Here at The Urquhart Partnership we are becoming more and more aware of how the working day, or indeed the working week, is changing for so many of us and especially from the more traditional hours we worked when we first stepped into the work place.
Yes, today we’re talking about flexible working.
Most employers will agree that certain times of year, week or indeed each day, are busier than others; does an individual need to be visibly present during the quieter times? If not, then perhaps flexible working can be considered.
So long as both the employer and employee can agree to what the quieter times are then potentially it’s a win – win situation.
The right for flexible working, to be considered seriously by an employer, currently lies with parents of children either under 16, parents of disabled children under 18 and carers of adults. However, there have been recent indications that this is something the Government may consider extending to all in the future.
Often flexible working requests made by employees will compliment what an employer actually needs. For example, an employee, who is a good performer and cares about their role and the work they do, may suggest hours that support the role and fit round their requirements outside work too.
Flexible working can help with retention, increased productivity, morale and even reduce absenteeism.
There are many forms of flexible working in support of this:
- Change in type of contract
- Job Share
- Time off in lieu
- Annualised Hours
Flexible working is not just for carers but many companies introduce it as a benefit for employees so that it can fit around the lifestyles of those studying, with time constraints on hobbies, commuting issues or trying to meet their own work life balance.
Mike Watson, Director of the Soap Factory, a flexible working hub based in Aberdeen notes: “More and more people are looking for a better balance between their work and their personal life and flexible working can certainly help in this regard. When you don’t have to commute and when you are able to work flexibly round your personal situation then worker happiness can skyrocket and with a happy worker the productivity can also increase significantly.”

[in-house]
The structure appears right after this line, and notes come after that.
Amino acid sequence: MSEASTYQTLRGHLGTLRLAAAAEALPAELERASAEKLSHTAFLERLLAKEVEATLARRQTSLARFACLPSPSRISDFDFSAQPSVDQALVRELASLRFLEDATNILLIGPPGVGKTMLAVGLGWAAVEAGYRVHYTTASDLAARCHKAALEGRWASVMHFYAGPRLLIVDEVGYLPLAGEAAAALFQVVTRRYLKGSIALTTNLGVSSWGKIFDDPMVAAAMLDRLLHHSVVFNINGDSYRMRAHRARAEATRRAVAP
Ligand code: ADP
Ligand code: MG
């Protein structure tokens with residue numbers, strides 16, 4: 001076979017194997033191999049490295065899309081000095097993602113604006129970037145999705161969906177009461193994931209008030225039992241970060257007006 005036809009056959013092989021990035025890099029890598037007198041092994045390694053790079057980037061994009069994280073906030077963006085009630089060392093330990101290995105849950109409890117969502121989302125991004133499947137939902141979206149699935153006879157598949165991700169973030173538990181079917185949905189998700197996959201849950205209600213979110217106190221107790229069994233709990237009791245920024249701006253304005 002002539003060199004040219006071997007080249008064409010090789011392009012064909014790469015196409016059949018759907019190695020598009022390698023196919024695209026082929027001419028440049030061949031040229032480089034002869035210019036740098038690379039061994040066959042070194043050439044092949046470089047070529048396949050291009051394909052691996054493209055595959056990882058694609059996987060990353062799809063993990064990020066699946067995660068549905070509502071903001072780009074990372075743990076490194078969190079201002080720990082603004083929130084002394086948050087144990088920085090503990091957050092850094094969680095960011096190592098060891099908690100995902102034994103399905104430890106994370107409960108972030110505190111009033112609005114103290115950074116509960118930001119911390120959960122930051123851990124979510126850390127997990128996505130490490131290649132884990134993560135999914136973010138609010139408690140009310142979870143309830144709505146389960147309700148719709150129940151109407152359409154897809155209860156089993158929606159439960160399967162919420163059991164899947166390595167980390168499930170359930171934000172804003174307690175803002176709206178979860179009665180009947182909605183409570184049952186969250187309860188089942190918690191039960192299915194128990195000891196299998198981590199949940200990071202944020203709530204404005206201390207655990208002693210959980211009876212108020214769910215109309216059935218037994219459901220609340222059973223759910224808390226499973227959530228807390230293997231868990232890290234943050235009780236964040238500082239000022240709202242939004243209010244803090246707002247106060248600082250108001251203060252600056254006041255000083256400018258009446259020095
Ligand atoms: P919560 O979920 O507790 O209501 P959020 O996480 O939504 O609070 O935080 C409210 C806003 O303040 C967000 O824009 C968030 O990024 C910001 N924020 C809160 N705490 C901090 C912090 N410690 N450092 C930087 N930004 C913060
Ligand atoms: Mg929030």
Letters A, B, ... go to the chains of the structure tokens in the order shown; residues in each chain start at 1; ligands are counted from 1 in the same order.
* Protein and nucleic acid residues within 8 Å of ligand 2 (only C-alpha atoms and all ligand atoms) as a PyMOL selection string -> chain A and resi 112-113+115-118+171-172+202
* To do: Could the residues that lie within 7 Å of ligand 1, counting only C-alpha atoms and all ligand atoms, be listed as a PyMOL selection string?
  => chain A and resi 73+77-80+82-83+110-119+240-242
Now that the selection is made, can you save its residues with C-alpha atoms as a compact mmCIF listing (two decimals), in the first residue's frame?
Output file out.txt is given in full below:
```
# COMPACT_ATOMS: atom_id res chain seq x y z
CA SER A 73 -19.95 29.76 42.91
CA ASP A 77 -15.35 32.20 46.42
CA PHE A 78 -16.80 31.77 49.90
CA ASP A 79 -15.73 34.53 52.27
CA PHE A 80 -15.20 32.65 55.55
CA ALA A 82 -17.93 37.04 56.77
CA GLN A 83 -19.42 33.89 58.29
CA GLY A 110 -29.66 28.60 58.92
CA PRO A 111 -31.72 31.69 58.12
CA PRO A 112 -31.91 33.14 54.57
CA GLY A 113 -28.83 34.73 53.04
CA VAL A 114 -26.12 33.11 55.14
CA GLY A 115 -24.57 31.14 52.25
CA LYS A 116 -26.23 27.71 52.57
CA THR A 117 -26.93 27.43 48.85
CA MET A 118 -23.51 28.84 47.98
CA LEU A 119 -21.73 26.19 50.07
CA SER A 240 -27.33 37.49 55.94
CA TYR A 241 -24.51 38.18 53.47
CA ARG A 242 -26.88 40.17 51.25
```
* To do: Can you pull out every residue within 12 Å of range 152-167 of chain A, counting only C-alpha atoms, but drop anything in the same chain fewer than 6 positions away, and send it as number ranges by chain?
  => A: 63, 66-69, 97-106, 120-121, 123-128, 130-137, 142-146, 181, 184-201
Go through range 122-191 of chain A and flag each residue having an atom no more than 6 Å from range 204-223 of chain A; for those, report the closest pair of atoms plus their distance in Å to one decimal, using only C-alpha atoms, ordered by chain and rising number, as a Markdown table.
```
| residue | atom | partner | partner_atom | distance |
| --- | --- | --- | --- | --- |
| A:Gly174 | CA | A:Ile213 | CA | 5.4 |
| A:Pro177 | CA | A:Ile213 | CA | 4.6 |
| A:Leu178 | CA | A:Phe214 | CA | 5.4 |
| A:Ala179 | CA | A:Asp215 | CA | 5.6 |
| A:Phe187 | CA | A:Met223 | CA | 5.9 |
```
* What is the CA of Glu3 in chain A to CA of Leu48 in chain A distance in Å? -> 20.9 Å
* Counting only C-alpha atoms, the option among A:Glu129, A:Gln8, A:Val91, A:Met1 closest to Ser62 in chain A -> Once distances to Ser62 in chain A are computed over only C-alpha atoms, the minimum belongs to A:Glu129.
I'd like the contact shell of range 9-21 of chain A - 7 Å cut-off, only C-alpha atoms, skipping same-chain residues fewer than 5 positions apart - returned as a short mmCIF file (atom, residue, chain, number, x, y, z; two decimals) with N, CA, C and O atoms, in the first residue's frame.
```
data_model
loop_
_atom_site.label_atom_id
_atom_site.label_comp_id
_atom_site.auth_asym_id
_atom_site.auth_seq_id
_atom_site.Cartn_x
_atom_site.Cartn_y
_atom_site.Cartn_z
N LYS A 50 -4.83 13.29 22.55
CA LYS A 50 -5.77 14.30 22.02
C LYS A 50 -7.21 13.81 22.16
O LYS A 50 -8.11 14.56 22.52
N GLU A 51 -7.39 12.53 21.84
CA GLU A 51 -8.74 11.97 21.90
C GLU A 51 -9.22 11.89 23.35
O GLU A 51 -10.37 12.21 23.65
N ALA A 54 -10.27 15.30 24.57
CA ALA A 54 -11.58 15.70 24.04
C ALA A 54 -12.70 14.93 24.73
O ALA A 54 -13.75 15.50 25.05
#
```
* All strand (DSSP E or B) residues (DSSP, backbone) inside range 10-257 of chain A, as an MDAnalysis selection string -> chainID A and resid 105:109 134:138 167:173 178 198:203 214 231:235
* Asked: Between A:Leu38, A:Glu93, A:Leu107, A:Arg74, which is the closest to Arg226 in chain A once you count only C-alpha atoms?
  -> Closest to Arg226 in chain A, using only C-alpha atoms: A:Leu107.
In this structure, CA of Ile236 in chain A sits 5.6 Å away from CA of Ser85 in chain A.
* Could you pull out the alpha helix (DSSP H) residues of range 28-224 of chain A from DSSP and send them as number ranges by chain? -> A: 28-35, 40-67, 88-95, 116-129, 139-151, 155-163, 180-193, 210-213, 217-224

For flexible working to work, like all things, planning is required, as is buy-in and commitment from employee and employer. Possible additional costs have to be taken into consideration from the outset and increased effort must be made to ensure individuals, out with the normal working hours, continue to be made to feel part of the team.
As always, communication (the lack of which being the downfall of many a situation) is so important not only with the individual but with the rest of the team. Everyone needs to be aware of how work is being covered, managed and how the arrangements affect them.
Mike continues: “As with all work related situations, the process of introducing flexible working – whether it is flexible starting times in a traditional office environment or working from home – it is crucial that the boundaries, the management tools and resources are put in place to make it work both for the employer and employee.”
Trial, trial, trial
If there is doubt from either party as to whether a change in working pattern would in fact work, then it’s recommended that the change is managed for a trial period.
Of course, the decision lies ultimately with the employer and if it can be clearly demonstrated that the trial is not working then it’s back to the drawing board or normal working times. Legally, the following reasons are allowed for refusal:
- the burden of additional costs
- detrimental effect on ability to meet customer demand
- inability to re-organise work among existing staff
- inability to recruit additional staff
- detrimental impact on quality
- detrimental impact on performance
- insufficiency of work during the periods the employee proposes to work
- planned structural changes.
If you are interested in find out more information on flexible working in the UK, why not take a look at the following websites: